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Human development and decent Work: Why some concepts succeed and others fail to make an impact



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Sehnbruch, K 
Agloni, N 
Piasna, A 


jats:titleABSTRACT</jats:title>jats:pThis article examines the impact of the International Labour Organization's concept of Decent Work on development thinking and the academic literature. We attempt to answer the question of what makes a development initiative successful by comparing the decent work approach to the United Nation Development Programme's Human Development concept (in conjunction with the human development indicator). We consider that the latter has been one of the most successful development concepts ever to have been launched, while the impact of decent work by comparison has been limited. Our hypothesis relating to the question of what makes a development initiative successful has three fundamental components: first, a solid theoretical foundation has to justify the launch of a development concept. A second vital factor is the availability of sufficient national and internationally comparable data that enables researchers and policy makers alike to apply the concept, preferably by means of a synthetic indicator. Third, the political will and institutional structure of the development institution that launches a concept is a key factor, particularly if data availability is limited as countries then have to be persuaded to generate new data.</jats:p>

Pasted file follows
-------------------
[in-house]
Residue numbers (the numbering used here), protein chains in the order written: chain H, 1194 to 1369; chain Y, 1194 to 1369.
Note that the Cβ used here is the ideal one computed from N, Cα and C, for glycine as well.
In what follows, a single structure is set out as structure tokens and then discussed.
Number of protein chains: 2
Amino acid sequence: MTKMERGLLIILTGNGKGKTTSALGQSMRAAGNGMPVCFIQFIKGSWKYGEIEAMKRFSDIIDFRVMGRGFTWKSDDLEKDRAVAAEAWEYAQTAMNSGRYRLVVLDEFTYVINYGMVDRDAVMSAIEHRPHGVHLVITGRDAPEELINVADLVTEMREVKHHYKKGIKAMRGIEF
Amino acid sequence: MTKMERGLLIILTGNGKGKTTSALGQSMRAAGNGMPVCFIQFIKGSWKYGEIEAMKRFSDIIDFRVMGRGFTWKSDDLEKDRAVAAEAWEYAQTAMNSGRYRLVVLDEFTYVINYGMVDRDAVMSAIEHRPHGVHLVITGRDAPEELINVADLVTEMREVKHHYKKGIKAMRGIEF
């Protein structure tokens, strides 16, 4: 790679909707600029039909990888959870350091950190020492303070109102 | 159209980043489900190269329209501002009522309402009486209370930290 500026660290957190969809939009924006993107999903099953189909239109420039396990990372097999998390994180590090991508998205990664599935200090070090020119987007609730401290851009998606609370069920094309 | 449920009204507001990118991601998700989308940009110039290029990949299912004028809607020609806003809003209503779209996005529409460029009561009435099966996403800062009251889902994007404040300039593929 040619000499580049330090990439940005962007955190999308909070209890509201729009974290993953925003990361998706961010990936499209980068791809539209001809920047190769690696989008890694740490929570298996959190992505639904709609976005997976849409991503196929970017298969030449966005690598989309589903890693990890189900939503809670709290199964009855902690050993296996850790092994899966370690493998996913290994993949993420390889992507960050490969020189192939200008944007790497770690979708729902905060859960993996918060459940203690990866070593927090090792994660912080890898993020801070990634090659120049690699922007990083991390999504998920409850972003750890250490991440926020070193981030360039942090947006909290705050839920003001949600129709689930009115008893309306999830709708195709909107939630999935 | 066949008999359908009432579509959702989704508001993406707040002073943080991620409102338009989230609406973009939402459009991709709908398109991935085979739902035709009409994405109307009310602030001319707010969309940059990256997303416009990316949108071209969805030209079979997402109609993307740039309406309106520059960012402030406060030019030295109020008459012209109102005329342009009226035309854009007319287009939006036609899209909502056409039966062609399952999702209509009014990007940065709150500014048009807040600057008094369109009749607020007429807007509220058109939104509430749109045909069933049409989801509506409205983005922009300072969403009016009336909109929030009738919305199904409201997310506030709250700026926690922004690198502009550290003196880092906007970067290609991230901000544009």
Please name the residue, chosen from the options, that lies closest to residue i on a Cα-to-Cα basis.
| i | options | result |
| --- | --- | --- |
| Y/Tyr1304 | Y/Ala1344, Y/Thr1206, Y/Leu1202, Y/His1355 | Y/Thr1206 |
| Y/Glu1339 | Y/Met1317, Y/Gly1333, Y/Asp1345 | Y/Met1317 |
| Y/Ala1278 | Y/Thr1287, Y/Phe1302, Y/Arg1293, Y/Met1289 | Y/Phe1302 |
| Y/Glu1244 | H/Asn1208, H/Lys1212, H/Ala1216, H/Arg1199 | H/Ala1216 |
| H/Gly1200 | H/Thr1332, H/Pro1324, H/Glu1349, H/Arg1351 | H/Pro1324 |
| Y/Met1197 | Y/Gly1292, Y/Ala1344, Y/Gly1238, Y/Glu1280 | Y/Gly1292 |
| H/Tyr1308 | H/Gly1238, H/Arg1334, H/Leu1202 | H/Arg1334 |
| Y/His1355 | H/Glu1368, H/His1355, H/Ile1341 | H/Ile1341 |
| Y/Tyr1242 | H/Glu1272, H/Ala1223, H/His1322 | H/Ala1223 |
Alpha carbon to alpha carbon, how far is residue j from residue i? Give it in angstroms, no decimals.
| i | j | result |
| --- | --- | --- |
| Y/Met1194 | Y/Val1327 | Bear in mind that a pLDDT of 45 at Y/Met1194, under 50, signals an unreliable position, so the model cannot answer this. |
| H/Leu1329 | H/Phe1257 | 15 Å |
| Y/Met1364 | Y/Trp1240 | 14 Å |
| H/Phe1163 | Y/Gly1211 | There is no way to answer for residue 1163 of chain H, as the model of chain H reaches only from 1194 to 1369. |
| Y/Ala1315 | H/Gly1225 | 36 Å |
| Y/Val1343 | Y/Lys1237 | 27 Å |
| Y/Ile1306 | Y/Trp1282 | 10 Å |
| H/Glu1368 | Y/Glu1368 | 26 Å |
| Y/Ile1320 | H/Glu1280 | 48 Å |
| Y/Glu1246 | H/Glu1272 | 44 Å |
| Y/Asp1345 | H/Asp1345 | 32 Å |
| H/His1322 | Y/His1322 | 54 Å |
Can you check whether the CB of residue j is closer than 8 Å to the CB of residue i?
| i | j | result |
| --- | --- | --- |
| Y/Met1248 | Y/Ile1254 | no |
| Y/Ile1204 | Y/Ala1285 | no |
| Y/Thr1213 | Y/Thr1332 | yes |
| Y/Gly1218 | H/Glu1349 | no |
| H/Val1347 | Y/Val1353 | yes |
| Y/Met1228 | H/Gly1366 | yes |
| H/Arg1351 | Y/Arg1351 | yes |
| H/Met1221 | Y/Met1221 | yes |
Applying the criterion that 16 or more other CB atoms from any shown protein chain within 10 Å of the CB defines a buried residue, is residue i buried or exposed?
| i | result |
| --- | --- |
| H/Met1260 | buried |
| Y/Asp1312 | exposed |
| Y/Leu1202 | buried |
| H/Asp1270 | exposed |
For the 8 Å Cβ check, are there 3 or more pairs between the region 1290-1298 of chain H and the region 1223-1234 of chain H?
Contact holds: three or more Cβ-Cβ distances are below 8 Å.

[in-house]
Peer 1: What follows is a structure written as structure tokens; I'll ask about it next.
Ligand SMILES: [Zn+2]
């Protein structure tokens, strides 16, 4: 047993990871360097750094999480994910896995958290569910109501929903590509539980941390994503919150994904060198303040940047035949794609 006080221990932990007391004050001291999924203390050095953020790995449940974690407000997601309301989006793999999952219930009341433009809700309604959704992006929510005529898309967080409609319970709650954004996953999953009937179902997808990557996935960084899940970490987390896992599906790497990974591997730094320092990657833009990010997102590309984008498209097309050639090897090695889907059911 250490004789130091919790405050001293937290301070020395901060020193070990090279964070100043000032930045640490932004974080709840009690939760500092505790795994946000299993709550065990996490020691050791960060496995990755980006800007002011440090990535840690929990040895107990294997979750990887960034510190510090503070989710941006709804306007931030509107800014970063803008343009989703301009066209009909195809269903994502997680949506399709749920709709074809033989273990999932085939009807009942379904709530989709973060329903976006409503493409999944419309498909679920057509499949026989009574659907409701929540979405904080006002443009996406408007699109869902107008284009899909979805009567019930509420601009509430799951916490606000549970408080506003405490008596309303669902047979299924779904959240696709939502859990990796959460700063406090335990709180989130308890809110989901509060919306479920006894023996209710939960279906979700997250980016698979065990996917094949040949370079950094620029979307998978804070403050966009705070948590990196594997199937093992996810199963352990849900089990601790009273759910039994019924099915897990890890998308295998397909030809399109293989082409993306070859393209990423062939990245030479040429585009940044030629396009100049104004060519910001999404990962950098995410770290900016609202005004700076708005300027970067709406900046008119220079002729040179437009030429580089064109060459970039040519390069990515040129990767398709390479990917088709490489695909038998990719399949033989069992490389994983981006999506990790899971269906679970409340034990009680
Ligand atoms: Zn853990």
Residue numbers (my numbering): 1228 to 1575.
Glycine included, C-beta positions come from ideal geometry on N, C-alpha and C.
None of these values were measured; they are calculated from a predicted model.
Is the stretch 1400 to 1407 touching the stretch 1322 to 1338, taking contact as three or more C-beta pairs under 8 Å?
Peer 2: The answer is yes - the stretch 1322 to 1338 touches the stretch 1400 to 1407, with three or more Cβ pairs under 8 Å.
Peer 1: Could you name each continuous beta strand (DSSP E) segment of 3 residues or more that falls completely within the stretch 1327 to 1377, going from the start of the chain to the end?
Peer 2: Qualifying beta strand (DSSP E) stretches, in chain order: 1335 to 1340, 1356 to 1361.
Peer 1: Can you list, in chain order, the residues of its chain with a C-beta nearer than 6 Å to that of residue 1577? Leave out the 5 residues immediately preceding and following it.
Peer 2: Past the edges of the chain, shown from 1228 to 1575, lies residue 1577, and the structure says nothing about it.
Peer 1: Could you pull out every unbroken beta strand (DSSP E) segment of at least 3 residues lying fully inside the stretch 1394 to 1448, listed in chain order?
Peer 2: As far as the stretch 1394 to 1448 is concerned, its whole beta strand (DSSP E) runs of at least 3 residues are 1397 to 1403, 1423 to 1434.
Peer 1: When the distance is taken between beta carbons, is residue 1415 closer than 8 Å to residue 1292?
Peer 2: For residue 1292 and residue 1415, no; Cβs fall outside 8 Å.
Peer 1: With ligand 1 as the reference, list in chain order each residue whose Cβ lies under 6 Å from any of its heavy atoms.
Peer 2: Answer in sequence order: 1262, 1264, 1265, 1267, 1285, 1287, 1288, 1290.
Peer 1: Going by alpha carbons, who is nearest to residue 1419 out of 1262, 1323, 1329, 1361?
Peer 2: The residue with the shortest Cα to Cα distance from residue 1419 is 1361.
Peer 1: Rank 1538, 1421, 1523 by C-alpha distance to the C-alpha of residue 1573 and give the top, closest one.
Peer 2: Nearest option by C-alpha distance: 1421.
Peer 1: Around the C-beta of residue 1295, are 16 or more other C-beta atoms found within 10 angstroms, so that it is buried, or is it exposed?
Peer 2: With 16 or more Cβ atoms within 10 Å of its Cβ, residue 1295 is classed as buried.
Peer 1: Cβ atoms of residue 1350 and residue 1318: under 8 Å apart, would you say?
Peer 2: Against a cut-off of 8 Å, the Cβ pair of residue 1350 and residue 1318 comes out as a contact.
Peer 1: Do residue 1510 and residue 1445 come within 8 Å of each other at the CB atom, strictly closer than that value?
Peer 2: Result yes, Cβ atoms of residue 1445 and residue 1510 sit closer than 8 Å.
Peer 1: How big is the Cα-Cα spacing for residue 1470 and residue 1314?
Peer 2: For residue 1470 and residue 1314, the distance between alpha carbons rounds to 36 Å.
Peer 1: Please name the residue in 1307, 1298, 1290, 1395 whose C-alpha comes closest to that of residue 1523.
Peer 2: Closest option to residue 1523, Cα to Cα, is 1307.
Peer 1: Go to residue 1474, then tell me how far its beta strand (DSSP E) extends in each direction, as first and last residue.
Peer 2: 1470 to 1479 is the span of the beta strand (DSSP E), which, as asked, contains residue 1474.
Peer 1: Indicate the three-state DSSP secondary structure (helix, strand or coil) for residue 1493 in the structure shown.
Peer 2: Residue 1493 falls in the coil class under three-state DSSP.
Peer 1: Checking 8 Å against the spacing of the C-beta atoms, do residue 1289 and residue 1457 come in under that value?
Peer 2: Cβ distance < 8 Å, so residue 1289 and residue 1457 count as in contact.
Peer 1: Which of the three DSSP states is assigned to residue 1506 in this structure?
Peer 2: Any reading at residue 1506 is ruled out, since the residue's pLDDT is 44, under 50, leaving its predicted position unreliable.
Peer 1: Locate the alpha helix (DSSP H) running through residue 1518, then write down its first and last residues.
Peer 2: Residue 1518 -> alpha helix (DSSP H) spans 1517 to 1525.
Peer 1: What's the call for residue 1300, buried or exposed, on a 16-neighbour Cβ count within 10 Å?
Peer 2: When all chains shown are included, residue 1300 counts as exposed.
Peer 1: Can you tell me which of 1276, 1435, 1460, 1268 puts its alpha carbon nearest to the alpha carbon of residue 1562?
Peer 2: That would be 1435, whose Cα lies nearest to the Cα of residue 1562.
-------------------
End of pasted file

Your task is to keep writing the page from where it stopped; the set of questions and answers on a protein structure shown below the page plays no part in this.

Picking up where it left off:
Decent Work, Human Development, Human Development Indicators, Employment, Development Institutions

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Development and Change

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The authors would like to thank the Cambridge Humanities Research Grants Scheme, the European Union (FP7 project ‘Nopoor’), and the Conicyt/Fondap Proyect number 15130009 for partial funding provided for this paper.